Acting Secretary of the Air Force Eric Fanning said in a statement July 5 that Rice’s legacy will be his “dedication to the well-being of airman and the tens of thousands trained under his watch” who make up the Air Force today.

“Ed and Teresa Rice will leave the Air Force a much stronger institution due to their 35 years of service,” Fanning said. “Gen. Rice was given many tough assignments during his career, not the least of which was commanding AETC during a challenging time. His steady and focused leadership have resulted in a training environment that is producing the finest, most professional airmen the service has ever seen.”

Rice was seven months into his job as commander of AETC when a recruit reported a fellow trainee had been sexually assaulted by a basic training instructor. The trainer was ultimately convicted of raping, sexually assaulting or having inappropriate relationships with 10 recruits, many of whom had been under his direct charge. He is serving a 20-year prison sentence. After the allegation surfaced, other instructors came forward to report misconduct of fellow MTIs.

AETC became front and center in what lawmakers and victims advocates described as an epidemic of sexual assault in the military. Rice took many steps, some of them unprecedented, such as emailing 300,000 former basic trainees urging them to call a hotline if they had been a victim of or witnessed sexual misconduct by an MTI.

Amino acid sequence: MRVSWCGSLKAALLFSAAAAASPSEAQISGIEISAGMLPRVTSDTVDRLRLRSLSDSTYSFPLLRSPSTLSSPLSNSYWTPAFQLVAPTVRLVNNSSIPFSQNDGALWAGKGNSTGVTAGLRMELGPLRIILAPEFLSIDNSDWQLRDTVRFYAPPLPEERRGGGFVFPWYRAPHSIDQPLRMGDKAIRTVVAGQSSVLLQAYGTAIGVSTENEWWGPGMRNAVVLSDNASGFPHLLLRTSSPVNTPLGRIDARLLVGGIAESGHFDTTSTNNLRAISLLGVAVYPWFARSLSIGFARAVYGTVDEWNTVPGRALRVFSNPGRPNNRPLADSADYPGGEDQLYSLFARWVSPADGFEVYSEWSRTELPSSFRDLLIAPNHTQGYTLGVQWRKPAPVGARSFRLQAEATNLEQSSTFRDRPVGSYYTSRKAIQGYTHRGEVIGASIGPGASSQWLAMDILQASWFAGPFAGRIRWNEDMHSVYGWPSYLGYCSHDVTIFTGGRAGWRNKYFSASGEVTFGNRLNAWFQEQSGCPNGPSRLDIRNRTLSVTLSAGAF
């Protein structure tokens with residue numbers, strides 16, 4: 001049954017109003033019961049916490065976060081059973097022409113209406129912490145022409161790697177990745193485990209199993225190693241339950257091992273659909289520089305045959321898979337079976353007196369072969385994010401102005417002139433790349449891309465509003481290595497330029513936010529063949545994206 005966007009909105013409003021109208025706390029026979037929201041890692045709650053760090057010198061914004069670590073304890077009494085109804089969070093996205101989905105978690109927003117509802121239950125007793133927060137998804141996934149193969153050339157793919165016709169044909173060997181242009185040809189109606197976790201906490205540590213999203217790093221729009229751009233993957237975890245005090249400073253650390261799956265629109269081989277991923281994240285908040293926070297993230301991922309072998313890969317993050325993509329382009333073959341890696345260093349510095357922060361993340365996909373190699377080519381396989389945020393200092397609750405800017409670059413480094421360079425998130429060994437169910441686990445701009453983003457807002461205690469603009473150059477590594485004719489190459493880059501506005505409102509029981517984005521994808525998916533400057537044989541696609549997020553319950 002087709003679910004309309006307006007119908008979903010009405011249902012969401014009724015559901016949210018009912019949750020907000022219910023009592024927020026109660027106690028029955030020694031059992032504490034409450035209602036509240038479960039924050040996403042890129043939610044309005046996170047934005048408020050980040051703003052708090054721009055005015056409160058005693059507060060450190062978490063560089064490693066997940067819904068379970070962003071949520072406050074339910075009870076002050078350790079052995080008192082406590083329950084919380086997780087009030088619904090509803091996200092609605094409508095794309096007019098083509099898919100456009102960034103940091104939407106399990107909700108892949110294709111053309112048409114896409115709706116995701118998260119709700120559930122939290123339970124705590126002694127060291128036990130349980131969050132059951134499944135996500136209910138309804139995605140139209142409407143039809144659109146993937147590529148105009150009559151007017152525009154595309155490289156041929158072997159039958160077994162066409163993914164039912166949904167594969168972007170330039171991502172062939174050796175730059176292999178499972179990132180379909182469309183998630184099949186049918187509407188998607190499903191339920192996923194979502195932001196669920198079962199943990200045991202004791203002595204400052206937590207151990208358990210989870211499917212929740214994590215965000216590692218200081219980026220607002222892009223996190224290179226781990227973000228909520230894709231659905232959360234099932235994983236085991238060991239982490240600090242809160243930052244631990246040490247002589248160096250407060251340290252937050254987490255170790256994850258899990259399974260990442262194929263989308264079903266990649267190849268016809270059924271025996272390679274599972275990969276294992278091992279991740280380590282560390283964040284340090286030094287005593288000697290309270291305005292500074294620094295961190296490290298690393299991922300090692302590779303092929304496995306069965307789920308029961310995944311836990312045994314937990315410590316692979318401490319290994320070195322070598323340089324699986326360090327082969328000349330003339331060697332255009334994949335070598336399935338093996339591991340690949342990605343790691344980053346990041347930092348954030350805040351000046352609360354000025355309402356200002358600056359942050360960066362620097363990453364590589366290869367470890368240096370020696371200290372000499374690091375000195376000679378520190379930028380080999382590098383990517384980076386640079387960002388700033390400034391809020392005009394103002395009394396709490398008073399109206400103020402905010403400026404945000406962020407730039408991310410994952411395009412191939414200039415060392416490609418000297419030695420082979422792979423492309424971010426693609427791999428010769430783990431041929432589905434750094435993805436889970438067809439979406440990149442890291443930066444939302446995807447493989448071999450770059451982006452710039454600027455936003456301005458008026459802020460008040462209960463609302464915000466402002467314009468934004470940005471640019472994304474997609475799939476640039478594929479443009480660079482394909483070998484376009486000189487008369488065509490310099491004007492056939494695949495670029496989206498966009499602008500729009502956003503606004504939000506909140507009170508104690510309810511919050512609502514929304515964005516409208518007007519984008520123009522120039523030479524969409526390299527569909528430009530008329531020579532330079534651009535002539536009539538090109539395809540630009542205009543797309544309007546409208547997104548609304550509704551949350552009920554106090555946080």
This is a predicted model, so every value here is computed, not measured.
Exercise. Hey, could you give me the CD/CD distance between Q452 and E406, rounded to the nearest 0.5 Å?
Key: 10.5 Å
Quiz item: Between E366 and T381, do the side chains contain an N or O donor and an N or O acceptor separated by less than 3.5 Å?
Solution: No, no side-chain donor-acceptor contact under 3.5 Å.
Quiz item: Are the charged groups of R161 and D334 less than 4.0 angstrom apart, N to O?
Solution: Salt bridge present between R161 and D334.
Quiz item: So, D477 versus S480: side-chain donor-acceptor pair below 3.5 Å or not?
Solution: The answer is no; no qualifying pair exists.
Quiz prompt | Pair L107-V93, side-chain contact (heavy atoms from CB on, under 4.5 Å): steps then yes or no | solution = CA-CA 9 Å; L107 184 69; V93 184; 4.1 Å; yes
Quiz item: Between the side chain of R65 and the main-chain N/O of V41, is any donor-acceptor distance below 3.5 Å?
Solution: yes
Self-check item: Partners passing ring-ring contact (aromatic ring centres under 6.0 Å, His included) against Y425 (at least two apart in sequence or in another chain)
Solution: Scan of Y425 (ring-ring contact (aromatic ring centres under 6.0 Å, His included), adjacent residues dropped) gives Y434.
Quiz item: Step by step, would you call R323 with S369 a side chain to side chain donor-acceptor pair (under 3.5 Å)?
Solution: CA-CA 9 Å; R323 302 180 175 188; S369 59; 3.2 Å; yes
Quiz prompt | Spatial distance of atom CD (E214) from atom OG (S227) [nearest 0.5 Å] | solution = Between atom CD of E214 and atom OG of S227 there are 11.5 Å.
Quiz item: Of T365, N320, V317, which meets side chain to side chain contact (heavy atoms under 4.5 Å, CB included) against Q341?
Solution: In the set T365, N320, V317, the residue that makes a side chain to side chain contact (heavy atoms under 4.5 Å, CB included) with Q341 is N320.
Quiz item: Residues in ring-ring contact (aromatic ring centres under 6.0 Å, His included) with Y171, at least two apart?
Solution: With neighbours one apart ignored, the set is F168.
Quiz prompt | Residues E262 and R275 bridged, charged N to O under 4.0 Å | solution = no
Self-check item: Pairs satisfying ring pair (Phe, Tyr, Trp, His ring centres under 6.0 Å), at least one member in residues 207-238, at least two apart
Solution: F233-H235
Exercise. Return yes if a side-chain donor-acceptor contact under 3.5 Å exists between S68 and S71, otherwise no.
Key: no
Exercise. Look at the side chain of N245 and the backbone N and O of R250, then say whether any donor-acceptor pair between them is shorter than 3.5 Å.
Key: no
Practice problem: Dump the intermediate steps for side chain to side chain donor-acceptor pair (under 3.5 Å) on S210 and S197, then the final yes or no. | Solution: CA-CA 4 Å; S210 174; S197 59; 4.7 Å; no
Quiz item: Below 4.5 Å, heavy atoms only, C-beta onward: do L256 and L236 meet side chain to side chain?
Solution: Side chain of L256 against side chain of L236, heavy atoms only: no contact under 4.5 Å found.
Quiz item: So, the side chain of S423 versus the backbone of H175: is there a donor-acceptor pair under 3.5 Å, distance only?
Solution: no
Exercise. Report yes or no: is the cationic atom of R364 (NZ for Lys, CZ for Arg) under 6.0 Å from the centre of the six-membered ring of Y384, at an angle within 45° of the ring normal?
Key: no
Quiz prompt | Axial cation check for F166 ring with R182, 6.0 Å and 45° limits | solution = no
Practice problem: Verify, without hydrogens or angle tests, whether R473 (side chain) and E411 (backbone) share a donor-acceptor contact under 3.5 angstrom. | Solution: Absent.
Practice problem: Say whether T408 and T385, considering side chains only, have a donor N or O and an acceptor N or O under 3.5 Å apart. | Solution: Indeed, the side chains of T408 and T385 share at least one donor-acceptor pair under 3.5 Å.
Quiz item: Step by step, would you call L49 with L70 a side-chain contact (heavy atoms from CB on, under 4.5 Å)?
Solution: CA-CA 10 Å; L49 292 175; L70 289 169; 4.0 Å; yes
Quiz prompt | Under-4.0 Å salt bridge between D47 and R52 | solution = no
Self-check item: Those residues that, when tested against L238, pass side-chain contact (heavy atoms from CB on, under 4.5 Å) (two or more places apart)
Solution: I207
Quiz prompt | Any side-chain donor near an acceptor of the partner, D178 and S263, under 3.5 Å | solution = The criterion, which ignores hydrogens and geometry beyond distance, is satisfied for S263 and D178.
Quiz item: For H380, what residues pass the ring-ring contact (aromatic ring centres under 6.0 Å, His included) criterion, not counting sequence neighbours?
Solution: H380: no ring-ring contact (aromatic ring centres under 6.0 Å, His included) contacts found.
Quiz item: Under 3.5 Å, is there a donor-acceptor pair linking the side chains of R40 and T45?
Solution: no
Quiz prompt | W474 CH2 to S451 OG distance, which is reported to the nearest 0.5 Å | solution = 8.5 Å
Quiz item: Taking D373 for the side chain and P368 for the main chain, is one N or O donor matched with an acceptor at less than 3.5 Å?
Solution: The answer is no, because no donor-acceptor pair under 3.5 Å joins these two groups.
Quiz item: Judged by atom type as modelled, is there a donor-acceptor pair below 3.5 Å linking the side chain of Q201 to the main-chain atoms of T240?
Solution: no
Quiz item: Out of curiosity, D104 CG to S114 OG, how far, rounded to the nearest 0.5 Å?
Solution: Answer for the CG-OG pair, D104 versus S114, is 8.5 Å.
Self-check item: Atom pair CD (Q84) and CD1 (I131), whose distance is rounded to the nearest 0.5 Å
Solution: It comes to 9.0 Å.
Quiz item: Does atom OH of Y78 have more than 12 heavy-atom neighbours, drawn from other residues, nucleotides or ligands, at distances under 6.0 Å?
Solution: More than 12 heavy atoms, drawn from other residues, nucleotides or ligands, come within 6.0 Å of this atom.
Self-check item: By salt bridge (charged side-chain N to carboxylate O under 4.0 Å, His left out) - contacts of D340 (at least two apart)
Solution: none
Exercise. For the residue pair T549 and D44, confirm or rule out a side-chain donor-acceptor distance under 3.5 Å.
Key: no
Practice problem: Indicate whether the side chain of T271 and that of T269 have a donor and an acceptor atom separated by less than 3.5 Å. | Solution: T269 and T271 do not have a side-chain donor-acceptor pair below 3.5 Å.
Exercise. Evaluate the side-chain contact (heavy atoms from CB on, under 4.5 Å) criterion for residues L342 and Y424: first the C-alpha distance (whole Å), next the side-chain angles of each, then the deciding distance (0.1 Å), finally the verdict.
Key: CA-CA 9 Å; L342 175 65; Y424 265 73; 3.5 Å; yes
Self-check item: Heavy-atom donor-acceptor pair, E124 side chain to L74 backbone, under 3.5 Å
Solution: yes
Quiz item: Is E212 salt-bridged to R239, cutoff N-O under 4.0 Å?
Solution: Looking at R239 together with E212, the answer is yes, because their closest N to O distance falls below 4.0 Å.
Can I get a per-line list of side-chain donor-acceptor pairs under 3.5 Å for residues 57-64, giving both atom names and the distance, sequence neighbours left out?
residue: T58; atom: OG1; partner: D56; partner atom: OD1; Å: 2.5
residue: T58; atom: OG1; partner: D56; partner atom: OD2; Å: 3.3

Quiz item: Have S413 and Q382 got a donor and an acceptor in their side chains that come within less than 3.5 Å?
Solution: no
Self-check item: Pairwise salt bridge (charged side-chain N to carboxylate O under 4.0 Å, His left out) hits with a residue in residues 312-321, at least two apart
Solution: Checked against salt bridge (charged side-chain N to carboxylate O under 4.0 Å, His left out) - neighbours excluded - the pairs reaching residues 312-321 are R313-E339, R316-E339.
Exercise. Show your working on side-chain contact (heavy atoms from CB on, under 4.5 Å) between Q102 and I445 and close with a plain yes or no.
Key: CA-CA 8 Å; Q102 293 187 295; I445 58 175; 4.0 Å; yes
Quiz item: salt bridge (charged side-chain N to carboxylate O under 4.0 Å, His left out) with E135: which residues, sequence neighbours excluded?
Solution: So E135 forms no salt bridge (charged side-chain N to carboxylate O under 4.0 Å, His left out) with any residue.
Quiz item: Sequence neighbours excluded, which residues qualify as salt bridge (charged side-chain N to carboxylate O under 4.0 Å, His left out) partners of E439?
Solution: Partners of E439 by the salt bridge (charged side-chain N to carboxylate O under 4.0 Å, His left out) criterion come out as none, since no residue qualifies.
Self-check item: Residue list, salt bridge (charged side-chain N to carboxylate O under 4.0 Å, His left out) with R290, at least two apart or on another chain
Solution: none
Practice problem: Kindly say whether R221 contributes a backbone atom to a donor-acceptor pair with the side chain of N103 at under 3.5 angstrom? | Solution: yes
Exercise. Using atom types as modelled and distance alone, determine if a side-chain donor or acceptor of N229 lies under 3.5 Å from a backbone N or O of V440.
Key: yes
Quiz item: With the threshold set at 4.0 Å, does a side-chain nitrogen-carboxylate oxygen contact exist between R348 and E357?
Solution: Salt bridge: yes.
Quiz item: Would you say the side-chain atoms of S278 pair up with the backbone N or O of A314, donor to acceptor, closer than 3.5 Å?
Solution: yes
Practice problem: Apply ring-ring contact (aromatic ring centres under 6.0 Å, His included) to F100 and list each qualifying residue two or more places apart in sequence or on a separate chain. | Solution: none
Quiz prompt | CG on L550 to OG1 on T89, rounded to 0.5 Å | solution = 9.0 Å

This month, he approved a three-day campaign in which a message appeared on all AETC computer screens every 155 minutes throughout the day — the average frequency of sexual assault reports within the Department of Defense.

Rice, in emailed responses to questions, said he wanted to keep the topic a priority. “As AETC commander, I am focused on holding every airman responsible for correcting misconduct on sight. Collectively, we are working hard at ensuring an environment of basic respect among all airmen.”